Writing is a solitary occupation. Some people have to sit and think for hours about what to compose and how to say it.

For me, writing comes very naturally. I wish I could declare that I spent hours attempting to compose this column.

Truthfully, once I decide on what I want to write about, the words flow easily.

It may sometimes take me up to an hour’s time, but this column gets written.

Writing can be both a thankless chore and a rewarding experience.

As journalists, we never know if our words are read.

But we sit and pour out our emotions in print and then sit back and await the response.

More often than not, we don’t get any. Especially to this newspaper. Few letters to the editor are sent, so feedback can be sparse. But when people do acknowledge that they have read the words we’ve placed on paper, that knowledge is exhilarating.

I have learned never to underestimate the power of my pen.

Many current and past issues were addressed in this column before the major media ever got wind of it.

And when my efforts are rewarded, it is humbling. It is a moment to stick out my chest with pride because others have looked at what I do and want to recognize me for it.

One of the things I try to do every time I write a column is focus on issues from a different perspective.

I don’t want to be the writer who writes the same old blah-blah-blah all the time.

I want people to see things in a perspective that makes sense.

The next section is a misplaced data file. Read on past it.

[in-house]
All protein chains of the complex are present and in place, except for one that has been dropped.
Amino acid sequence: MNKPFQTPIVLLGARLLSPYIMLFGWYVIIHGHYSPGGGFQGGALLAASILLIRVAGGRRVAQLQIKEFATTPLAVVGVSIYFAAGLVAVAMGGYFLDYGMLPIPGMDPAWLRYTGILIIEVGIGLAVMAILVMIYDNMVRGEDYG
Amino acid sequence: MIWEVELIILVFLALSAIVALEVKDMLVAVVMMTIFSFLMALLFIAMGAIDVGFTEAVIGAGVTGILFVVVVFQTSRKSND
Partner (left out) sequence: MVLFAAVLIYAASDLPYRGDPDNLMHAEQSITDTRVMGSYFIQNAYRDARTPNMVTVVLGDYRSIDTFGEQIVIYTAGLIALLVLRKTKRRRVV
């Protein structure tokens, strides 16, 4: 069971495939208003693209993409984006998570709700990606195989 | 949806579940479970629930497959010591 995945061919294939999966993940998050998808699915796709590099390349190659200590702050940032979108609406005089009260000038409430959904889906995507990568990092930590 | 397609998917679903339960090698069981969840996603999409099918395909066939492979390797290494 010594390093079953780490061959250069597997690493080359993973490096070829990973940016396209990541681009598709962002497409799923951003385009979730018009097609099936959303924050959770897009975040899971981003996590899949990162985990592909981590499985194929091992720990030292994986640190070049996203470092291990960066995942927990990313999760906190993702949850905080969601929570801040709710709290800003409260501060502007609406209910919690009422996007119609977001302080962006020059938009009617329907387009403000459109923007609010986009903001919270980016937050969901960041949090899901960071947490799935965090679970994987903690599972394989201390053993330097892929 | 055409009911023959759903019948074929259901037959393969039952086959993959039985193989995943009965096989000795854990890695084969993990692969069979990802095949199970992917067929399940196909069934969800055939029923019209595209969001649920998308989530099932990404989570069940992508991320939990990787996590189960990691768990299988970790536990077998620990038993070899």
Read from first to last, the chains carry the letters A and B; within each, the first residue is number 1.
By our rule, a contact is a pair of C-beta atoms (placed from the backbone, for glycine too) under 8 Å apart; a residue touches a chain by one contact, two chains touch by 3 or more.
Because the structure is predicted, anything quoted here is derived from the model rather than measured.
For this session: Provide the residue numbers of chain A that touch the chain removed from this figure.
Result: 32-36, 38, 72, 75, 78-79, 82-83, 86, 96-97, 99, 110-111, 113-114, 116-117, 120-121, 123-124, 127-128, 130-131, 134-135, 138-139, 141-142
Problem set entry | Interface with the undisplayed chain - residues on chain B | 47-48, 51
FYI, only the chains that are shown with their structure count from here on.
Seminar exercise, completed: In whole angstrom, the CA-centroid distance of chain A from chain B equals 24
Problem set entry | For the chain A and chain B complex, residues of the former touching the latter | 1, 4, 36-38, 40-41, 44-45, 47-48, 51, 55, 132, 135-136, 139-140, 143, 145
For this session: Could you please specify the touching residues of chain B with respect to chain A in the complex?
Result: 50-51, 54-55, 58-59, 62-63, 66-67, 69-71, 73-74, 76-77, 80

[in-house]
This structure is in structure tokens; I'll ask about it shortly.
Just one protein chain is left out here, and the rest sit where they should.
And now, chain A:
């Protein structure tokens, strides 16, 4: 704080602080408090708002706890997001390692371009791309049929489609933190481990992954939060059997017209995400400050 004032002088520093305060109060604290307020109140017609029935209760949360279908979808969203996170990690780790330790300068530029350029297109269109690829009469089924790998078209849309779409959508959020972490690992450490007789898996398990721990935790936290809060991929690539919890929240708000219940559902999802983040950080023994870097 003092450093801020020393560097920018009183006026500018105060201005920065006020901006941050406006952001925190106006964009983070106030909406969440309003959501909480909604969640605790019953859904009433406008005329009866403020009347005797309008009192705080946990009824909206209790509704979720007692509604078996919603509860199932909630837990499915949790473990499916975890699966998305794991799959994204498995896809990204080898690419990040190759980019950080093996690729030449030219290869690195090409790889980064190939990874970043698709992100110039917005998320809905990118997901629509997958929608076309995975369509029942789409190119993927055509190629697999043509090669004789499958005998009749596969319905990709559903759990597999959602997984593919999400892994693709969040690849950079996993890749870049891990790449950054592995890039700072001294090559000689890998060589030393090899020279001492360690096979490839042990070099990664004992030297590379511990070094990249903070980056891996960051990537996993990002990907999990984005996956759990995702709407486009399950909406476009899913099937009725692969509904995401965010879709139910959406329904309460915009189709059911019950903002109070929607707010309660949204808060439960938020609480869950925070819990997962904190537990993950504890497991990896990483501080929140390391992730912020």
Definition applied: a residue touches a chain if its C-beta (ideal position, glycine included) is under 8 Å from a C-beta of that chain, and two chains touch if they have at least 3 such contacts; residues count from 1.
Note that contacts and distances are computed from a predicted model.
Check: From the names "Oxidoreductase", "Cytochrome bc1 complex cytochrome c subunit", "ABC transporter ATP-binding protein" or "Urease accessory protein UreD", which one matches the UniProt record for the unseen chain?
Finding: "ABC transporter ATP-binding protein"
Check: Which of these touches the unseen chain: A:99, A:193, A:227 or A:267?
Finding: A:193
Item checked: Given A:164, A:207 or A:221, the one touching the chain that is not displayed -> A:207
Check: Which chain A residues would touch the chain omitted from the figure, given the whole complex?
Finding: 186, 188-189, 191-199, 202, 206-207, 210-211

I want to know that people read my column and nod their heads in agreement or call me crazy out loud.

But what I don’t want is to have my arguments or opinions refuted because I was illogical in my thoughts. We may disagree on issues, but my view will always be well thought out.

What I enjoy most about writing this column is that this paper allows me to put out an opinion that may not correspond to the current “politically correct” environment.

I want to call things like I see them — no sugar-coating or beating around the bush. The issues we face today are serious ones that need to be addressed.

And as opposing voices to the majority opinions are silenced, fewer and fewer thinkers are allowed to express their thoughts.

That is scary because it makes all those novels that predicted societal mind control a reality. We are steadily becoming a group of people who don’t protest — who accept whatever is put before us.

That is not what the Founding Fathers wanted.

If we could go back in time to 1776 or 1861, you would find a Congress filled with vigorous arguments and debates.

From the words used to establish this country to those used to go to war to preserve the Union and end slavery, it took spunk.

As I watch the way our namby-pamby politicians now tip-toe around all issues, holding their fingers to the wind to see which direction the country’s mood is flowing, I’m glad they weren’t in power 150 years ago or else this country would not have become the nation it did.

This Saturday, May 11, the Westside branch of the NAACP will honor me at their Freedom Fund Banquet: Your Power, Your Decision. It will be held at the Crowne Plaza Hotel, 733 W. Madison St.

For more information, give them a call at 773-261-5890.